And the other big black mark is Al Yamamah – with the OECD coming to check up on us after the Government dropped the investigation into the bribes to Saudi shenanigans.

The OECD is very angry with us. I have no doubt that the US will launch an investigation into the BAE stuff – especially as BAE are big players in the US military market. The US – like France – has a much better track record than we do on corruption – they actually go ahead and prosecute people.

Who is more corrupt: us or the French?

Before A French flaglast Monday’s Panorama about the Al Yamamah bribery scandal (in brief: lots of allegations about BAE breaking the law and bribing Saudis to get a big arms contract; big criminal investigation finds lots of evidence; but the investigation was axed before being concluded; both the BBC and The Guardian have unearthed plenty more since then) I emailed out to quite a few people to let them know about the TV show.

The gist of a few responses was that bribery being illegal didn’t matter – everyone does it – so if you want the business you have to be willing to bribe. I’m going to write about this in more detail soon (and I wonder how people with this view would respond if someone burgled them and the burglar said, ‘oh, that’s ok – loads of people carry out burglaries, so you can’t really expect me to be different’!), but I just wanted to highlight now the difference with France – there corruption allegations involving arms deal and powerful people with top political connections do get followed through; see here for example.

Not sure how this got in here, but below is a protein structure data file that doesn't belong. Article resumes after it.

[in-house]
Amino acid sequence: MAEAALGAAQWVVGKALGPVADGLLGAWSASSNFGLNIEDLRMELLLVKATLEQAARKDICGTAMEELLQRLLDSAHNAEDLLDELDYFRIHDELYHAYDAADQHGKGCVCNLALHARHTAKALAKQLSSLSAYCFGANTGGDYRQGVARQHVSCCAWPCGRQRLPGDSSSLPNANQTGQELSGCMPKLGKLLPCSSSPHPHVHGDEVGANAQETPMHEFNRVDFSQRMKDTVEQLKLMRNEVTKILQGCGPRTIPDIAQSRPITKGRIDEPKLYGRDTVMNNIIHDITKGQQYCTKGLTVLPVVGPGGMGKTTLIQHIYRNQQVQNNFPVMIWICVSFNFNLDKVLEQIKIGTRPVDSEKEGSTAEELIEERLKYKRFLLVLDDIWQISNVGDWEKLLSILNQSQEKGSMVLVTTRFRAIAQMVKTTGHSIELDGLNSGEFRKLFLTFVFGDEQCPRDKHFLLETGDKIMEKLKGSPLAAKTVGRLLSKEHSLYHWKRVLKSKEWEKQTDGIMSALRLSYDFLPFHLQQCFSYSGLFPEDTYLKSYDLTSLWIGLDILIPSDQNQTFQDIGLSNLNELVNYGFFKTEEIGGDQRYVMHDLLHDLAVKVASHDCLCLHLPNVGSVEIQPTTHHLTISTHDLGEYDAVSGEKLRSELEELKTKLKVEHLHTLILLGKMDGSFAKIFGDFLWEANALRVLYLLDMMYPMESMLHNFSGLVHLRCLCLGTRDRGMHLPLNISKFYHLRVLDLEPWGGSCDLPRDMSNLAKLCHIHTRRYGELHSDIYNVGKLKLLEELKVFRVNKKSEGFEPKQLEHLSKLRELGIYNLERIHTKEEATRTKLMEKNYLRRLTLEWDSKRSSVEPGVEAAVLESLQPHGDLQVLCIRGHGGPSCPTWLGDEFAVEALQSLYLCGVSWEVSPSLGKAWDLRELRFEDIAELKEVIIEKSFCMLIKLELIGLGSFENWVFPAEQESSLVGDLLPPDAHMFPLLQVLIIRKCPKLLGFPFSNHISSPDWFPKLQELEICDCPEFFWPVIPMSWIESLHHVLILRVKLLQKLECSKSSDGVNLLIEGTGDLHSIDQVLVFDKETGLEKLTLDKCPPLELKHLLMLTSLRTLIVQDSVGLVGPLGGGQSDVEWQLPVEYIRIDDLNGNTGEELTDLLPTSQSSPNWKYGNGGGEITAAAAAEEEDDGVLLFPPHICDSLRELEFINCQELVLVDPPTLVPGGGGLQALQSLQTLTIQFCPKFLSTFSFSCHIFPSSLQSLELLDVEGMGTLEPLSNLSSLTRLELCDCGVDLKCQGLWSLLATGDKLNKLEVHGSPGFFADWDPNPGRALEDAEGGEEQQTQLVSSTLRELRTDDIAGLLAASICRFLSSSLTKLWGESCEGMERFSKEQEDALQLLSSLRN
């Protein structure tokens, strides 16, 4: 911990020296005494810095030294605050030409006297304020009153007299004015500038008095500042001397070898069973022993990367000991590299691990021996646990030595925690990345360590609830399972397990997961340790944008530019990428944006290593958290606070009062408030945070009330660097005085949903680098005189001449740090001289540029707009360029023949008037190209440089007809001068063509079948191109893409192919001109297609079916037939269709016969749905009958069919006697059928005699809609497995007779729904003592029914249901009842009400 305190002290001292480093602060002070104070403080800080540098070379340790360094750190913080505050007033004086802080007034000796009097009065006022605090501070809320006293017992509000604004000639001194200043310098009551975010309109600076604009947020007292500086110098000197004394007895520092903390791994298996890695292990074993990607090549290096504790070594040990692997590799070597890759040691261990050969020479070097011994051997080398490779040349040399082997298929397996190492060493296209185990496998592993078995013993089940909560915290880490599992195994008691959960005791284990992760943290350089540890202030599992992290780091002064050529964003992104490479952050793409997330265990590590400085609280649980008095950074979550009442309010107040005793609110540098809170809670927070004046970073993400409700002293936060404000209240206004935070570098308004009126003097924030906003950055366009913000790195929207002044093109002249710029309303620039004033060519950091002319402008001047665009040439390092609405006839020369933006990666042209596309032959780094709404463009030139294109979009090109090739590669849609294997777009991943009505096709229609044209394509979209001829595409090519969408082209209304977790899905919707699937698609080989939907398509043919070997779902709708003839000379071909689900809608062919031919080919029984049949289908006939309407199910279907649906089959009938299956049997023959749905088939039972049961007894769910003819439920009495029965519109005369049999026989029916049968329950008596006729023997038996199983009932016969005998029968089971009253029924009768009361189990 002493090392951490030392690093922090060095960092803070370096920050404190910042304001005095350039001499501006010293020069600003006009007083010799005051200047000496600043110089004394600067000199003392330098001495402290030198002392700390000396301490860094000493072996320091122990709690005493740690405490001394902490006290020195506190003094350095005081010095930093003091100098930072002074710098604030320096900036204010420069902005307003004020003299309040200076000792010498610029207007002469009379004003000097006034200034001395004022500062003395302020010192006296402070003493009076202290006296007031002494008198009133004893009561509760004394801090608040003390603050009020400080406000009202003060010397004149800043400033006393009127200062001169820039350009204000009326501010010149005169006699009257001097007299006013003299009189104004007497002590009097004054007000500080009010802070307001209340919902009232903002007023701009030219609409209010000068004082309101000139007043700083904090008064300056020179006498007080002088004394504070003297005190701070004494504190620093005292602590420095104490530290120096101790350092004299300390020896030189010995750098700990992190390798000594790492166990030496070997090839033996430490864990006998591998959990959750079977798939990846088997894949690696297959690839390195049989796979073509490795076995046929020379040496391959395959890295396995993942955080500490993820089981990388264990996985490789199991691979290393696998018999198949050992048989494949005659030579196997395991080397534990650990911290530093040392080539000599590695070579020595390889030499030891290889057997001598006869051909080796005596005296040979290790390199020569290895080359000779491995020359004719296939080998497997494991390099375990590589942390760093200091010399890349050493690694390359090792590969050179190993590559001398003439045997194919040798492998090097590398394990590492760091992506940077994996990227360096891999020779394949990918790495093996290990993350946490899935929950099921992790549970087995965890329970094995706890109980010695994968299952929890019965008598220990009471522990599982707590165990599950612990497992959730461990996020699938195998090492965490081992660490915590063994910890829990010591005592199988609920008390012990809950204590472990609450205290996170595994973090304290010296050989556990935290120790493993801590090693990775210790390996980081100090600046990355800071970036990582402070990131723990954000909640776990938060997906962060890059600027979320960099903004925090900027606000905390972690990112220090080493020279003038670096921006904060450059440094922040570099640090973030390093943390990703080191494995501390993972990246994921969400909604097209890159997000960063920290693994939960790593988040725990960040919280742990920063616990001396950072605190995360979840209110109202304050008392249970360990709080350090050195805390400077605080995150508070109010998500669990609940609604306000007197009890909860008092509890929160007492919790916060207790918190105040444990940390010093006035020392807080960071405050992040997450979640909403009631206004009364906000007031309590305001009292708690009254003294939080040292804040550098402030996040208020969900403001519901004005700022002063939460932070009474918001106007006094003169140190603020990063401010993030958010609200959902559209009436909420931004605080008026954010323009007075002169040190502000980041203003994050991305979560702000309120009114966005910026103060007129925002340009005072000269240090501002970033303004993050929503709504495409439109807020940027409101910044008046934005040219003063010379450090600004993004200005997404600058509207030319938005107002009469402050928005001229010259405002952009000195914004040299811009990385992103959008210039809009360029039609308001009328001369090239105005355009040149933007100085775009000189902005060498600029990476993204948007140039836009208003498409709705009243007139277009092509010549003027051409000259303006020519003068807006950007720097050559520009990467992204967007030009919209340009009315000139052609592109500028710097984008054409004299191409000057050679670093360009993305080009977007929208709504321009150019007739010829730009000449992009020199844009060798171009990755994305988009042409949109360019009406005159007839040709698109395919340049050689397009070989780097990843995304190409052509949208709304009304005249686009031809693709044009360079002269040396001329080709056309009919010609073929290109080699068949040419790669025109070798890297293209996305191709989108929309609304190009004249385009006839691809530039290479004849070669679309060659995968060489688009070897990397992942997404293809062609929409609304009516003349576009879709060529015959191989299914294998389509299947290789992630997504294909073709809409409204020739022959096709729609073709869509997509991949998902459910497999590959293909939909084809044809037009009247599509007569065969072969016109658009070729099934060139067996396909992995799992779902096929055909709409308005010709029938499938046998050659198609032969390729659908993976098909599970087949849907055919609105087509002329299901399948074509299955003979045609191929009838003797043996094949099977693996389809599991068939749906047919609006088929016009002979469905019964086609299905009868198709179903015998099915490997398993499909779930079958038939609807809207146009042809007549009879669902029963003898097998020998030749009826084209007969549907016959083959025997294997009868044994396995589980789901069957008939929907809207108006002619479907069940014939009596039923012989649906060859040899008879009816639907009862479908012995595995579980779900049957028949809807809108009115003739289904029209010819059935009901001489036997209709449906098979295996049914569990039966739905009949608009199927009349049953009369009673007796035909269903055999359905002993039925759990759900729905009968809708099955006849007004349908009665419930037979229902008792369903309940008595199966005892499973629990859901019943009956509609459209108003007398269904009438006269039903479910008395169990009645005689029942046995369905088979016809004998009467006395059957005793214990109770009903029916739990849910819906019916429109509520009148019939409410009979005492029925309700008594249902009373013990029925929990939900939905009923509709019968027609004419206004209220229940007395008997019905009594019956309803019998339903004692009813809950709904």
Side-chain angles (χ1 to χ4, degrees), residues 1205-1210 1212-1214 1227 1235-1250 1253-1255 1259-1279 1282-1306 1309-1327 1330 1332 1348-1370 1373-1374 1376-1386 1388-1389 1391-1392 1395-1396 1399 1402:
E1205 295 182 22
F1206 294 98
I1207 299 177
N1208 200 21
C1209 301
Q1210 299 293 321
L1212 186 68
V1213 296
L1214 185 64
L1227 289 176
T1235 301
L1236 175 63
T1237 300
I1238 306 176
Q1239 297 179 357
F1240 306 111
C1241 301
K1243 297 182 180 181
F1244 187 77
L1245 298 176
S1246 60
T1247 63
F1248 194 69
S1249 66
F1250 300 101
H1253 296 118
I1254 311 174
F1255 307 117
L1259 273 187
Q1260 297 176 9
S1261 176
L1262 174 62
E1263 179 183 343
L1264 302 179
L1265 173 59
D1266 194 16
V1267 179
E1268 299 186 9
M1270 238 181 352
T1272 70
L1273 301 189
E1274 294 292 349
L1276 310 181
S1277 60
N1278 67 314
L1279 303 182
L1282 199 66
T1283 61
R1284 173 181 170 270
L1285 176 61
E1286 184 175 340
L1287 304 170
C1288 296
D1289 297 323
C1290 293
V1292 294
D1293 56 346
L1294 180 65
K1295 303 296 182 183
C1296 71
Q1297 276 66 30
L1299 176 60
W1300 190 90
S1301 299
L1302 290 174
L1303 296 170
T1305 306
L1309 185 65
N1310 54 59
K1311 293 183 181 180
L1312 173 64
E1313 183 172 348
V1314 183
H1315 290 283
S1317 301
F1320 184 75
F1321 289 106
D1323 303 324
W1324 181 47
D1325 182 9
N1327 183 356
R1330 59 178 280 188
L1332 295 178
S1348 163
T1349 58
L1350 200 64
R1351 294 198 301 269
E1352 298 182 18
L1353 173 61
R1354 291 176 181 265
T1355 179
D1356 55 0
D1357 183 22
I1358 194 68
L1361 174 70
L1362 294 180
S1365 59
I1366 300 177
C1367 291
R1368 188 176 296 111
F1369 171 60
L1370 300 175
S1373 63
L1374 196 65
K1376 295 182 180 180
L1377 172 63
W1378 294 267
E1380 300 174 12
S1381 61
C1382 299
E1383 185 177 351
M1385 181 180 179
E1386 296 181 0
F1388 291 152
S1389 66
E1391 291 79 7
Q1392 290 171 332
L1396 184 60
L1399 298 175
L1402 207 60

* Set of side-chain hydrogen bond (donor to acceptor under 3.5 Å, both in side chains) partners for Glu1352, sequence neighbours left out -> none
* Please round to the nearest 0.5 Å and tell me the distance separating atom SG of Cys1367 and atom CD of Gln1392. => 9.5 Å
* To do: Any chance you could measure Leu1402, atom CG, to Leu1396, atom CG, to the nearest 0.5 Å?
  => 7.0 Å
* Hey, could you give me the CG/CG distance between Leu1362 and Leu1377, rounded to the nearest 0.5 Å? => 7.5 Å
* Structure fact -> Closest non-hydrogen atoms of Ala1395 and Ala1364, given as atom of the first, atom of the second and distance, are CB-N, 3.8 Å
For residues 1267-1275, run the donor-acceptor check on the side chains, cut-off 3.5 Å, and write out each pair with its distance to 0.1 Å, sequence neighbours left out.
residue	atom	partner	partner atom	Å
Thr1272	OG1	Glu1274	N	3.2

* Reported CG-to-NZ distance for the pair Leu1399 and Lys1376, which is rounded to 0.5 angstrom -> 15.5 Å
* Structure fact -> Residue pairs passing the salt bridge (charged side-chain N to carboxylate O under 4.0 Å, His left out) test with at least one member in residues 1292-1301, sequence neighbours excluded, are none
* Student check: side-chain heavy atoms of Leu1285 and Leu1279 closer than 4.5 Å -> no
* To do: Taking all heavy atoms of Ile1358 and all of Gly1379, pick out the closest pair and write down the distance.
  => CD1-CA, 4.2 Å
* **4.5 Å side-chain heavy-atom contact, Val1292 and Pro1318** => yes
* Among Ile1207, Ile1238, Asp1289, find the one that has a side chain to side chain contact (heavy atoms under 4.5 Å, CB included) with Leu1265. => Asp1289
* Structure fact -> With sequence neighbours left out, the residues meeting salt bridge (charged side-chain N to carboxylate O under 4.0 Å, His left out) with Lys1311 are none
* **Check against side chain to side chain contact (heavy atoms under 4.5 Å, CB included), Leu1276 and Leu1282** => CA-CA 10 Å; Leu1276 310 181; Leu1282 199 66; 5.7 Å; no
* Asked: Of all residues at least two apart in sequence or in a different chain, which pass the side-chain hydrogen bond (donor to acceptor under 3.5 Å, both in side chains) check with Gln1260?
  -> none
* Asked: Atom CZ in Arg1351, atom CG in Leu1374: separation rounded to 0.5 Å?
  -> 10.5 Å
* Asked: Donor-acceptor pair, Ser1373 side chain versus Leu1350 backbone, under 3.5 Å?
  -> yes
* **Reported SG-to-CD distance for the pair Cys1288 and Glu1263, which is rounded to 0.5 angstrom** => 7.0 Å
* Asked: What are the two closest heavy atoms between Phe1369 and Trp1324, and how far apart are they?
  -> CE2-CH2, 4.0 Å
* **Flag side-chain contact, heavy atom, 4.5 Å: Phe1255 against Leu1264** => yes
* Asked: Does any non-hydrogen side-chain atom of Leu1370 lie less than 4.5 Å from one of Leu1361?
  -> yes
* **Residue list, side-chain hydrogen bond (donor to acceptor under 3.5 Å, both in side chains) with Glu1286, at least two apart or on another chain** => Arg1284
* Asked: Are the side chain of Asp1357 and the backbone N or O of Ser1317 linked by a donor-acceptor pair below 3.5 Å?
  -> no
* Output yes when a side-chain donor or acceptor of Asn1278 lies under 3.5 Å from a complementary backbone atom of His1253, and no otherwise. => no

If France can take corruption seriously and prosecution people (and the US prosecutes people too), why should we turn a blind eye to corruption?

(And let’s not forget – there are very, very few countries that could have sold jet fighters to Saudi Arabia – it really is feasible to stop corruption in these sorts of large arms contracts as there is – or was until the UK took its ball away – a strong international consensus to prosecute bribery).

And as for boy David and “tough on crime” Conservatives – they haven’t been willing to speak up for enforcing the law on Al Yamamah either. I guess Labour and the Tories are just leaving it to the Liberal Democrats to be tough on crime!

What next for international development?

Addressing the All Party Group on Overseas Development today. In weekly succession they have had Gareth Thomas (Labour Minister), Andrew Mitchell (Tory) and obviously saving the best til last – me – today! The title of this series is ‘What next for International Development? Political Perspectives.’

Despite the Labour Deputy Leader hustings on International Development being scheduled at the same time – the room was comfortably filled. Speaking on a subject where everyone in the room is an expert is far more testing than speaking to the public!

I spoke for about 40 minutes and then took 50 minutes of questions. It was very enjoyable and you can read my speech on my website. But for an abridged version – I said the Government has no consistency about where it is going between its different arms; that corruption eats up huge amounts of the money, hindering the good work that we try to do with development and aid – and that tackling corruption would now be seen as a bit rich given our current squalid failure to see through investigations into BAE and the Al Yamamah arms deal with the Saudis. But all of this is dwarfed by the complete failure of the Department for International Development to make the coming cataclysm of climate change central to its development funding programs. Enjoy!

UPDATE: Jonathan Fryer has an account of the meeting over on his blog. Shame about the photo though!

Al Yamamah: Panorama, 8.30pm, tonight

Al Yamamah: sign the Corruption is a Crime petitionTonight (Monday) Panorama on BBC1 will be screening an investigation into the bribery scandal engulfing BAE, our government and the Al Yamamah arms deal with Saudi Arabia.

There’s advance information about the show on Panorama’s website – where you’ll also be able to catch the program if you miss it this evening:
http://news.bbc.co.uk/1/hi/programmes/panorama/default.stm

It’s a massive scandal – especially with the UK’s decision to drop the criminal investigation into the bribery allegations. But corruption is a crime, wherever and whoever carries it out – and for all Labour’s talk of being tough on crime, when it suits they seem happy to turn a blind eye.